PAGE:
Tuesday, 28 March 2017

The school of education

Now that I've started a new day job at International Alert, I finally decided to start Kavita's educational career. 

For quite a while, I've been resisting school. One never gives these things much thought until one is faced with the situation itself. I remember when Kavita was hardly a year old, some ladies I met with children the same age as Kavita were looking for day care centres. I suppose I was a little judgement al with these ladies because they were "housewives" and I thought if they aren't out of the house, then the child should stay with the mother. Their rationale wasn't clear but at least one person I met said she wanted her child to learn socialisation which I found rather odd. 

I've also heard that because the zamana is so different and "fast" that children need to start early. This was the most irritating rationale for starting school early. What the heck can a 1 year old child learn that you think will help them win the human rat race? 

Kavita has grown up at the office. She used to sleep right on my desk next to my calculator at NATC. She has grown up going every day to the office and, coming back home with me in the evening. I baby-fied my office and, kept adapting my space to her: crib, toys, a special dresser for extra clothes and nappies, crayons, and even a tent. 

I did not realise how confident, well spoken and mature a child Kavita was until I would meet other children who were terrified of strangers. Kavita has been so easy around adults although she's very shy of kids.

And, since I had the privilege of running my own company, Kavita and I have been inseparable. This hasn't forced me to think about the challenges working women face in bearing children and then coming back to work. Putting Kavita in school wasn't my priority until she was of an age I remembered I was at when I started kindergarten.

Kavita has briefly experienced a formal school setting: while I was at Mercy Corps Liberia in 2015, she was in a day care for a couple of months. Then last year in 2016 she attended the month-long summer camp at the Cachelle Arts Center.

Most times I've been busy reacting haughtily to children with iPads and phones and, preaching about my idyllic and simple childhood. Mostly, I go on and on about how schooling is so commercialised. That there aren't any good public schools (either in Pakistan or Liberia) and there's class issue when it comes to equal and good education. That because private schools are just out there to make money, upper middle classes have no problem in increasingly reducing the age in which a baby is dumped in day care or pre school. Then, I would vaguely reference articles I had read about how fantastic the Finn school system is and, in fact, they are so progressive and have learned that children should start school at 7 and, should learn by play rather than rote.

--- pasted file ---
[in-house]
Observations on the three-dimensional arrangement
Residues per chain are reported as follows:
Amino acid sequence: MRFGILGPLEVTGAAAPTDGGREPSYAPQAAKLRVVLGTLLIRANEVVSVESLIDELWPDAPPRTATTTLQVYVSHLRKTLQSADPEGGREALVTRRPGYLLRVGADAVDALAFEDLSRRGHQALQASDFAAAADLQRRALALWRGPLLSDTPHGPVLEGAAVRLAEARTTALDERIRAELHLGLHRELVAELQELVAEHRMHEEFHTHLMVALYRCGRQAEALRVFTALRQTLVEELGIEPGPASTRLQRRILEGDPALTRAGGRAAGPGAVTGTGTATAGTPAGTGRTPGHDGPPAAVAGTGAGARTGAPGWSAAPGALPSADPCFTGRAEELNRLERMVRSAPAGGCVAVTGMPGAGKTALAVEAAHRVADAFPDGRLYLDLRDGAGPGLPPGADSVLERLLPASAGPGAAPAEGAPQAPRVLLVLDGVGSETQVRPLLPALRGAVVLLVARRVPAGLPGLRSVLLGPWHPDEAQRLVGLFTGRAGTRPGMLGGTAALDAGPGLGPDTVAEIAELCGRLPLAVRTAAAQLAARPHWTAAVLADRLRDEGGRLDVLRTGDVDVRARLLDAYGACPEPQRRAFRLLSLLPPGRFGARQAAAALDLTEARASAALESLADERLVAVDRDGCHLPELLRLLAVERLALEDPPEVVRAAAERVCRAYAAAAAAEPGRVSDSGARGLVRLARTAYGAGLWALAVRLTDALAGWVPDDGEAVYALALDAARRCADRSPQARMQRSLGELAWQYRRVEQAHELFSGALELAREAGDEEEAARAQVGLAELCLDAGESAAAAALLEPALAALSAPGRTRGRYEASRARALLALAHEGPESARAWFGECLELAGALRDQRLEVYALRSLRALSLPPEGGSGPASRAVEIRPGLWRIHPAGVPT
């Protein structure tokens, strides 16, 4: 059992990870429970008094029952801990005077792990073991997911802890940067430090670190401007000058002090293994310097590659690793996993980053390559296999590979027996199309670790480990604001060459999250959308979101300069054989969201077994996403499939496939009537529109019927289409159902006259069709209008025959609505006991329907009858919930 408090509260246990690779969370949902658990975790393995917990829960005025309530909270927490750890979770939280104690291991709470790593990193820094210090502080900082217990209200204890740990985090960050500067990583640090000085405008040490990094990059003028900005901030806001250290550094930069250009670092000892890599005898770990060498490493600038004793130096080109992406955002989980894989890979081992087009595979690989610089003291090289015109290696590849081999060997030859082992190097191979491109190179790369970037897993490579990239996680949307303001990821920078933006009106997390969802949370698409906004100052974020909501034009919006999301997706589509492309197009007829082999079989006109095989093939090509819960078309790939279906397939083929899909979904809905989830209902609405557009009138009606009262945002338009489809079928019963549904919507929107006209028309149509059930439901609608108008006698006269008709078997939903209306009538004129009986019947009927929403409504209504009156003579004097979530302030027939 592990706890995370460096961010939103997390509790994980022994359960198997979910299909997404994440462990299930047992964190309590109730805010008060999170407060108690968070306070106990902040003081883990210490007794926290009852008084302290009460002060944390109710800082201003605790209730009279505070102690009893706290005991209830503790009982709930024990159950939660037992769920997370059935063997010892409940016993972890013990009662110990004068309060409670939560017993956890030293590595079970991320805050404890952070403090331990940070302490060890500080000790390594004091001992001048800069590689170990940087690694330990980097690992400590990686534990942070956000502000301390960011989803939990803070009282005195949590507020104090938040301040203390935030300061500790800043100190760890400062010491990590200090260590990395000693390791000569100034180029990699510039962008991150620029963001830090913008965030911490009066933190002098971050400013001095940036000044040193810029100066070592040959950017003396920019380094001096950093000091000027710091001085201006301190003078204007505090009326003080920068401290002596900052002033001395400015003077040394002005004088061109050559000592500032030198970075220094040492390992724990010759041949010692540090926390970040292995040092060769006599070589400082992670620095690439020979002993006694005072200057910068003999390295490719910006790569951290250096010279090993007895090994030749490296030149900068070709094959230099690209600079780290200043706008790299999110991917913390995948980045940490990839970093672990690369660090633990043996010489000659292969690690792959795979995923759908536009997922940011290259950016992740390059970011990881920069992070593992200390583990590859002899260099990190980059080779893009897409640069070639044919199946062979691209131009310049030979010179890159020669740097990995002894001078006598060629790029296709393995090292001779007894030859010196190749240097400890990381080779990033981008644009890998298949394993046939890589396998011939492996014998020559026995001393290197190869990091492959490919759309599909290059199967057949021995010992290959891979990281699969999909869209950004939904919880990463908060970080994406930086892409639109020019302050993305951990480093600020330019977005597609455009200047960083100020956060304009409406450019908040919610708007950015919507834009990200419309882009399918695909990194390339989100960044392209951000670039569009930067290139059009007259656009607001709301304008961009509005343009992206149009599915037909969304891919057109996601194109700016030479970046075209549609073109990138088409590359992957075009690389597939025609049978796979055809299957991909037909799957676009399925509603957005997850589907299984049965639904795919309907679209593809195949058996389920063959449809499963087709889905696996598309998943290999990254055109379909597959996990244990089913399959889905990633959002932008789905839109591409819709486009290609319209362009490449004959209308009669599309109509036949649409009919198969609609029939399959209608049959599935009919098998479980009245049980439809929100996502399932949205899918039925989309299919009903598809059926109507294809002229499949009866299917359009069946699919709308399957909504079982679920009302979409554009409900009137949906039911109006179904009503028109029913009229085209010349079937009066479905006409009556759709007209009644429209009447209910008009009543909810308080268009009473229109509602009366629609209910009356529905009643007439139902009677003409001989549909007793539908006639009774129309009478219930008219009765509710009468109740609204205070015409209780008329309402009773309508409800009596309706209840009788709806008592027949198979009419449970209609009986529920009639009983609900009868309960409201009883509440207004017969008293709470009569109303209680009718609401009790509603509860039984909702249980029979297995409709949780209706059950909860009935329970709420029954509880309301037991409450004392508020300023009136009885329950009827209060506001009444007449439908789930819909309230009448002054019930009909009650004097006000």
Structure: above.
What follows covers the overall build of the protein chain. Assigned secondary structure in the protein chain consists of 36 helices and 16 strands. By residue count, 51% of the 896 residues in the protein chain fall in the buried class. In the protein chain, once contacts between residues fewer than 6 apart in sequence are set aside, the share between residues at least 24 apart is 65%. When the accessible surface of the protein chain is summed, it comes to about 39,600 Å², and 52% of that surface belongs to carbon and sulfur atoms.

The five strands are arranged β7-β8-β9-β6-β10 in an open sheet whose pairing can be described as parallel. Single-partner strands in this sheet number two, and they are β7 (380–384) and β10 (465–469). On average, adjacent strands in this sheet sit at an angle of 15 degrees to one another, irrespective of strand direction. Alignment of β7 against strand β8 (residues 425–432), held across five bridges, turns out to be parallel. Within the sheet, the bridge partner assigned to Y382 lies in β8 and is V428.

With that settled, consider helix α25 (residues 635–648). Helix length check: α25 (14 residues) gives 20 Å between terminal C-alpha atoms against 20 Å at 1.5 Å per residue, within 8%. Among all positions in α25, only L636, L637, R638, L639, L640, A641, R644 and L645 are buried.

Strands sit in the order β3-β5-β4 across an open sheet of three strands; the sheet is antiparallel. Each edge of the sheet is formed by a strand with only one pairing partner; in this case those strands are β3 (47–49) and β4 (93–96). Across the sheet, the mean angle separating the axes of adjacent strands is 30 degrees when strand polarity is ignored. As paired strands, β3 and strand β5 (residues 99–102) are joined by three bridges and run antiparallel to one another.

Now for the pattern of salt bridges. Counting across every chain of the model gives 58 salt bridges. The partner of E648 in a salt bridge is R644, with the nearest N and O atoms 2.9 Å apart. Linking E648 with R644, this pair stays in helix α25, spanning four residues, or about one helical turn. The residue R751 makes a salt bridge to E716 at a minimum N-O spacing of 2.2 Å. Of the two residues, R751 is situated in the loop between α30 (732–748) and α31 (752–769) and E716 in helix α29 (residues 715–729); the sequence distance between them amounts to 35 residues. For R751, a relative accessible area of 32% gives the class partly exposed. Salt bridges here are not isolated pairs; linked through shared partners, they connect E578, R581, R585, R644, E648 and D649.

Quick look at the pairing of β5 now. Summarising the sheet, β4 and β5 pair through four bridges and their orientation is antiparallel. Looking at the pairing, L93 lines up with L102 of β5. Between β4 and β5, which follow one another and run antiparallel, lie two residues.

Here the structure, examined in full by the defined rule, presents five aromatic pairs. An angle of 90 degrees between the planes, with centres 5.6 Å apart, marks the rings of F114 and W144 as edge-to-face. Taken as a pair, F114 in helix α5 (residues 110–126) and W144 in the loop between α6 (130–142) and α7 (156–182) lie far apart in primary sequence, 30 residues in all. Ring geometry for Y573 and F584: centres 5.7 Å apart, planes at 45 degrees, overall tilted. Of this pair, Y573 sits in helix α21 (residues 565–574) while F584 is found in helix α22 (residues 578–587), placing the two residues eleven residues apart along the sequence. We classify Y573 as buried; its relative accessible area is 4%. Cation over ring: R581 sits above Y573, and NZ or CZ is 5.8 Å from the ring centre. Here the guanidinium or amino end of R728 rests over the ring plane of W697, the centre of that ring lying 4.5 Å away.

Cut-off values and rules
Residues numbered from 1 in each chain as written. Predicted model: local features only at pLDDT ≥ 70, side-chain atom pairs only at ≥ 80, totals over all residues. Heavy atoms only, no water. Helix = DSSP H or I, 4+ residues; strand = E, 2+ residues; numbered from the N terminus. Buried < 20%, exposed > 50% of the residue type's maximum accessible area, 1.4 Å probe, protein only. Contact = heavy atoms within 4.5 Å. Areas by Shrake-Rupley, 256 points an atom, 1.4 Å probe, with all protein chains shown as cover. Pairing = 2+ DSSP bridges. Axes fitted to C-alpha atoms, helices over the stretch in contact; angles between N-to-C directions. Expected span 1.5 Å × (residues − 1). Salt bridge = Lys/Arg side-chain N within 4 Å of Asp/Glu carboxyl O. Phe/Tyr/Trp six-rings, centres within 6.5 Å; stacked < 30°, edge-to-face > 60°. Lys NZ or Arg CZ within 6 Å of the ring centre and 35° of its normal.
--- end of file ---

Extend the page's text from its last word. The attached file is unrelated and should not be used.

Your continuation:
I was quite smug in my little world where Kavita was learning about life, the world through her time at our family business, her life in Monrovia, and, my attention.

When I started my new stint at International Alert, Haresh and I decided to start Kavita's school at Kid's Nest, which is 2 minutes away from my office in Congo Town.

So, Kavita started school and guess what, she loves it? Children want to be with other children. 

1 comment:

  1. Hi there,
    hope to not to bother you, we are Mark and Stefy, two Italian backpackers!
    We are trying to do a project about the unity of the world through the philately, this romantic “philosophy” that is going to get lost in the course of the time.

    We have created this page: http://www.born2travel.it/postcards%20eng.html

    and this facebook one: https://www.facebook.com/Born2travelit/

    where we collect one "philatelic witness" of each single country of the world, even the smallest and most unknown ones.
    Do you think you could help us sending one postcard from there?
    We would appreciate it soooo much.
    As soon as we get it, we would publish it on this page: http://www.born2travel.it/postcards%20eng.html with your name.

    Please let us know and if you can help us out, we would be so thankful, moreover, if you want, we could also send you one from Italy to thank you.

    Thanks in advance and looking forward to hearing from you soon

    Mark and Stefy

    ReplyDelete